Manitoba

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Protect yourself from West Nile virus

September 20, 2013

Manitoba Health surveillance information shows that during the week of September 8 to September 14 (Week 37), a second WNV positive horse case from the Southern Health Region was identified. There were no other positive indicators (mosquito or human) identified during week 37...more

In Manitoba, West Nile virus (WNV) is transmitted to humans primarily by the Culex tarsalis mosquito, usually during late June, July, August and early September. This risk varies from year to year based on precipitation, temperature, mosquito population and other factors.

West Nile virus:  protect yourself

Who’s at risk?

In southern Manitoba, anyone can be exposed to an infected Culex tarsalis mosquito during the summer months. Severe illness has occurred in all age groups. Severe illness has occurred more often among older adults or people with chronic health conditions or weakened immune systems.

What are the symptoms?

WNV can cause severe illness (West Nile virus neurological syndrome) including encephalitis, an inflammation of the brain. The severe illness can be life-threatening and may result in long-term disability. Since 2003, the annual number of severe cases of WNV in Manitoba has ranged from one to 72; WNV-related deaths have ranged from none to four per year.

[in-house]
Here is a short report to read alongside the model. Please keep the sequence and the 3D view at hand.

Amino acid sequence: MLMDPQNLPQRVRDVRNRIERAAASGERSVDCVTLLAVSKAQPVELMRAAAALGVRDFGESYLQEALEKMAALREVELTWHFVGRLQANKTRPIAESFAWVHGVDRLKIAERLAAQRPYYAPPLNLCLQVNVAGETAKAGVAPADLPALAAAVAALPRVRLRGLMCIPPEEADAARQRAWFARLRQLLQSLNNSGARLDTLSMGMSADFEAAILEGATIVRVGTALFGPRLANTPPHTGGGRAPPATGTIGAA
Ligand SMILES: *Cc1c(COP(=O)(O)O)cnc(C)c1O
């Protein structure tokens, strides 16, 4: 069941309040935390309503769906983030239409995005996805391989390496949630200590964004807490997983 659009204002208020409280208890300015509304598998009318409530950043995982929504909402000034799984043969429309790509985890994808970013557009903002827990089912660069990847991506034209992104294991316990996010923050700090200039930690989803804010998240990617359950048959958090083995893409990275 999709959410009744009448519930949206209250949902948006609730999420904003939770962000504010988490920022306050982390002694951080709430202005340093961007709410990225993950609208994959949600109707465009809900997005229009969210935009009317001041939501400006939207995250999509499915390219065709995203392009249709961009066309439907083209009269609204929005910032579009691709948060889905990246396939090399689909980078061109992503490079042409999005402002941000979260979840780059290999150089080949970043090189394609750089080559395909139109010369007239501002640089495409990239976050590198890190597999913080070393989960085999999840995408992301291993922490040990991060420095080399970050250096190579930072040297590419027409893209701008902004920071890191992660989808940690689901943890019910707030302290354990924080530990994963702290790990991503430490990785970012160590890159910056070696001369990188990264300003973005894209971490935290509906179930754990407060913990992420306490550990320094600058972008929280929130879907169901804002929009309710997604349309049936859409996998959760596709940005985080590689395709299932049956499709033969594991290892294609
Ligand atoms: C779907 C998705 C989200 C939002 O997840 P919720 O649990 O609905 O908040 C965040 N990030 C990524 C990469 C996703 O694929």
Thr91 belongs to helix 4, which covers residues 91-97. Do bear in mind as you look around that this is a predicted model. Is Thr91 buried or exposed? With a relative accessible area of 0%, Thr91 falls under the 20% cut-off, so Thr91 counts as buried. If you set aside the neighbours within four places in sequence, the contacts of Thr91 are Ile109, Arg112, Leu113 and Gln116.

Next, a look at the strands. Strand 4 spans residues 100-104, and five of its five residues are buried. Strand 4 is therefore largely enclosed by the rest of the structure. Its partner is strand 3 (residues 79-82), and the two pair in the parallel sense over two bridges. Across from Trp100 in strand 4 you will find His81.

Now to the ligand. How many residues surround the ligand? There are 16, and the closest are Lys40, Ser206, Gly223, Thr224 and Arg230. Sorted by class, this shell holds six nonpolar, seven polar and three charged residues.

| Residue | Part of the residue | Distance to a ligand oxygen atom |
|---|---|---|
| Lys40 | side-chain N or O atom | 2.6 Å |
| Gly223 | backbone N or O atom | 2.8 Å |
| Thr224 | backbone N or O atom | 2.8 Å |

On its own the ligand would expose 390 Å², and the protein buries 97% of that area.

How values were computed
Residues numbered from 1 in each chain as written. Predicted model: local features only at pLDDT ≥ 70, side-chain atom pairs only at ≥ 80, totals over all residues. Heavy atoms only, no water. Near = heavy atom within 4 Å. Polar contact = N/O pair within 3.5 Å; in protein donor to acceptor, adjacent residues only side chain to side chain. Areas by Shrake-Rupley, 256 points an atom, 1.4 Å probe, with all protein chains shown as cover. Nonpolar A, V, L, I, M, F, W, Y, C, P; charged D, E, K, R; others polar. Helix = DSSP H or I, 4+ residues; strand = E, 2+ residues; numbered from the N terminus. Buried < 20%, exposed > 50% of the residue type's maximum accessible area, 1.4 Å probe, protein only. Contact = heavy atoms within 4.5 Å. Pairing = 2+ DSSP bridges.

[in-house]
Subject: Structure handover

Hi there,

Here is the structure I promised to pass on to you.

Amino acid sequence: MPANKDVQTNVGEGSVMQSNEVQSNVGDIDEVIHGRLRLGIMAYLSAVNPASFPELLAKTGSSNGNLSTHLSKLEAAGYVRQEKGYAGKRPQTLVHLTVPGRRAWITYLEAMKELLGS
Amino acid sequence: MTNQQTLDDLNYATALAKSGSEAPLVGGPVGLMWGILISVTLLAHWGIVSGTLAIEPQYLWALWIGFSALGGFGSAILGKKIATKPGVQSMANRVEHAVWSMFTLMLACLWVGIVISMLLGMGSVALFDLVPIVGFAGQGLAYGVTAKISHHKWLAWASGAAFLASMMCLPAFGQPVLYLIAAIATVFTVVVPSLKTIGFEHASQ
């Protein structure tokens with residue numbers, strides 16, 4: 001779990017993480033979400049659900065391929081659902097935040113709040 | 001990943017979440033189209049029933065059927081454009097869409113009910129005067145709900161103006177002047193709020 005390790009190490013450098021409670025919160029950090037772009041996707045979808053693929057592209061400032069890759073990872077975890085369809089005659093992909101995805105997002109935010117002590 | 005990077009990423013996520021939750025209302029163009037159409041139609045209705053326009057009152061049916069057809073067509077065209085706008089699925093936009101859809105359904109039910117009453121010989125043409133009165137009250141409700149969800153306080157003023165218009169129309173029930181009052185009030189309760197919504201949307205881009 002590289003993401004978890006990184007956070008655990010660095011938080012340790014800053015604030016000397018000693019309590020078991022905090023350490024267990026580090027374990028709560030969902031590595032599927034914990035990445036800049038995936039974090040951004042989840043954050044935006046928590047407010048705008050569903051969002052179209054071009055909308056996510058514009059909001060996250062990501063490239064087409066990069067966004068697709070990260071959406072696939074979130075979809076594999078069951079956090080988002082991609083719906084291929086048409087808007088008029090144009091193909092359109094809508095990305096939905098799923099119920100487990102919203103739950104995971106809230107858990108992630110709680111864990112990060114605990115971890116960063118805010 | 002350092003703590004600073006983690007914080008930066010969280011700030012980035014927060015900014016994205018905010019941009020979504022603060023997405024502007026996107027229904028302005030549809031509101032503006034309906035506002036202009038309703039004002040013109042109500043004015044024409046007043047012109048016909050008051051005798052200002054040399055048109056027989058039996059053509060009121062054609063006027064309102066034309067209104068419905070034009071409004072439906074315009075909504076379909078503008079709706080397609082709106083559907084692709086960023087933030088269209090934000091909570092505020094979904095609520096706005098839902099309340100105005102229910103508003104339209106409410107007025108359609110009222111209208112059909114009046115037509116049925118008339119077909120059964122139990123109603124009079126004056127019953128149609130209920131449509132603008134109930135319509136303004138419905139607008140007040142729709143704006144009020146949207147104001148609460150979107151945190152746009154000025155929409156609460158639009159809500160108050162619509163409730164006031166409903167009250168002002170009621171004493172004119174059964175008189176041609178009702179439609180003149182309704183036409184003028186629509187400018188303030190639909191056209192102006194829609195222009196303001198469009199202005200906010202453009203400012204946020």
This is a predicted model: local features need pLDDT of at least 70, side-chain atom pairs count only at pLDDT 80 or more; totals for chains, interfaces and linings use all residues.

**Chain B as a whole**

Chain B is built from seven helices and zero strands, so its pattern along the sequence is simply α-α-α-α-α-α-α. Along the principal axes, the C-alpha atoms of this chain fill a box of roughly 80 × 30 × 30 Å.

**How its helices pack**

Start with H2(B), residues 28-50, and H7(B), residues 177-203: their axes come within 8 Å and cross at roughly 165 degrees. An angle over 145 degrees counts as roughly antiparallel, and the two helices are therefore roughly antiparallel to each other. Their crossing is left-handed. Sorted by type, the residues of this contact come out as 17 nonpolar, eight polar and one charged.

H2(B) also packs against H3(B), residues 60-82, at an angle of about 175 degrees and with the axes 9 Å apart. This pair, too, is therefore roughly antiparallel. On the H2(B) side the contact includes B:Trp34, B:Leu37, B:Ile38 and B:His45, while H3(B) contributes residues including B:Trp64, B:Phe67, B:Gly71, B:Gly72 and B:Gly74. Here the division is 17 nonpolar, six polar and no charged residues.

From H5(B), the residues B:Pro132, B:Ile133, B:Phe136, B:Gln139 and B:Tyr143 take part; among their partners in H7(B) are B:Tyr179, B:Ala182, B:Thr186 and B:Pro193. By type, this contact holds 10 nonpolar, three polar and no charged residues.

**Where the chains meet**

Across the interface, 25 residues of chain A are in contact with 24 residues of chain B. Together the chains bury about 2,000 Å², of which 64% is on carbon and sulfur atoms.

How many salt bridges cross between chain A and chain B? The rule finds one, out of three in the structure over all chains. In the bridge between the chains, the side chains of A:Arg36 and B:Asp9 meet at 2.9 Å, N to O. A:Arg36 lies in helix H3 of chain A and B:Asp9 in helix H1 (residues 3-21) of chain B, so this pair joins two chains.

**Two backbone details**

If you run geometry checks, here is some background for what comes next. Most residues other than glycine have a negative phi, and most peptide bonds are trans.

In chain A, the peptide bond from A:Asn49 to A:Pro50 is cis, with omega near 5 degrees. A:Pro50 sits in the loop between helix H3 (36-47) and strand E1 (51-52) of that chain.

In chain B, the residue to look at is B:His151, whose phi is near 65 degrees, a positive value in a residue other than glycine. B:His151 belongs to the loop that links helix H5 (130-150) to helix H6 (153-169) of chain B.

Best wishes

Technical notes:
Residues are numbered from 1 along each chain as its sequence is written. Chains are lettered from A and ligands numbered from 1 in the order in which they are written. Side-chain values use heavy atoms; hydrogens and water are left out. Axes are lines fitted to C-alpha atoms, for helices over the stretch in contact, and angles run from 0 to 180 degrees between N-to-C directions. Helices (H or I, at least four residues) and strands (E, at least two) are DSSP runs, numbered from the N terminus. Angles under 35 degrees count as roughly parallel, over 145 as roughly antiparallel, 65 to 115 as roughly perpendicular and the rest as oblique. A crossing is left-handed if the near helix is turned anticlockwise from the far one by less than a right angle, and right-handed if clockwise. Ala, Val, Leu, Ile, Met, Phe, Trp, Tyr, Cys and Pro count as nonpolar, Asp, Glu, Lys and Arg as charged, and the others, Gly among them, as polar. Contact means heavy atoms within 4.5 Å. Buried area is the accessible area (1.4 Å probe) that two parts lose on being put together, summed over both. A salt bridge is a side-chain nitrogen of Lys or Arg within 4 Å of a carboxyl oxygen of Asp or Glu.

More people develop a milder illness (West Nile virus Non-neurological Syndrome) with symptoms such as fever, headache, fatigue, body aches and rash.

Most people infected with WNV have no symptoms and do not become ill.

There is no vaccine or specific treatment for WNV. Milder symptoms of WNV Non-neurological Syndrome usually resolve without medical care. Anyone experiencing severe symptoms (ex: persistent high fever, muscle weakness, headache) should seek medical attention promptly for diagnosis and care.

How do I protect against West Nile virus?

  • Reduce the time you spend outside between dusk and dawn.
  • Apply an appropriate mosquito repellent.
  • Wear light-coloured, loose-fitting clothing with long sleeves and pant legs.
  • Make sure your door and window screens fit tightly and are free of holes..

Mosquito habitat reduction

  • Regularly clean and empty eaves troughs, pool covers and other items that might collect water.
  • Clean and empty bird baths weekly
  • Make sure openings in rain barrels are covered with mosquito screening or tightly sealed around the downspout.
  • Clear your yard of old tires or other debris where water collects.
  • Cut the grass around your home; trim hedges and trees around doorways and seating areas.

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For more information, please contact:

Health Links - Info Santé
204-788-8200 in Winnipeg or toll-free 1-888-315-9257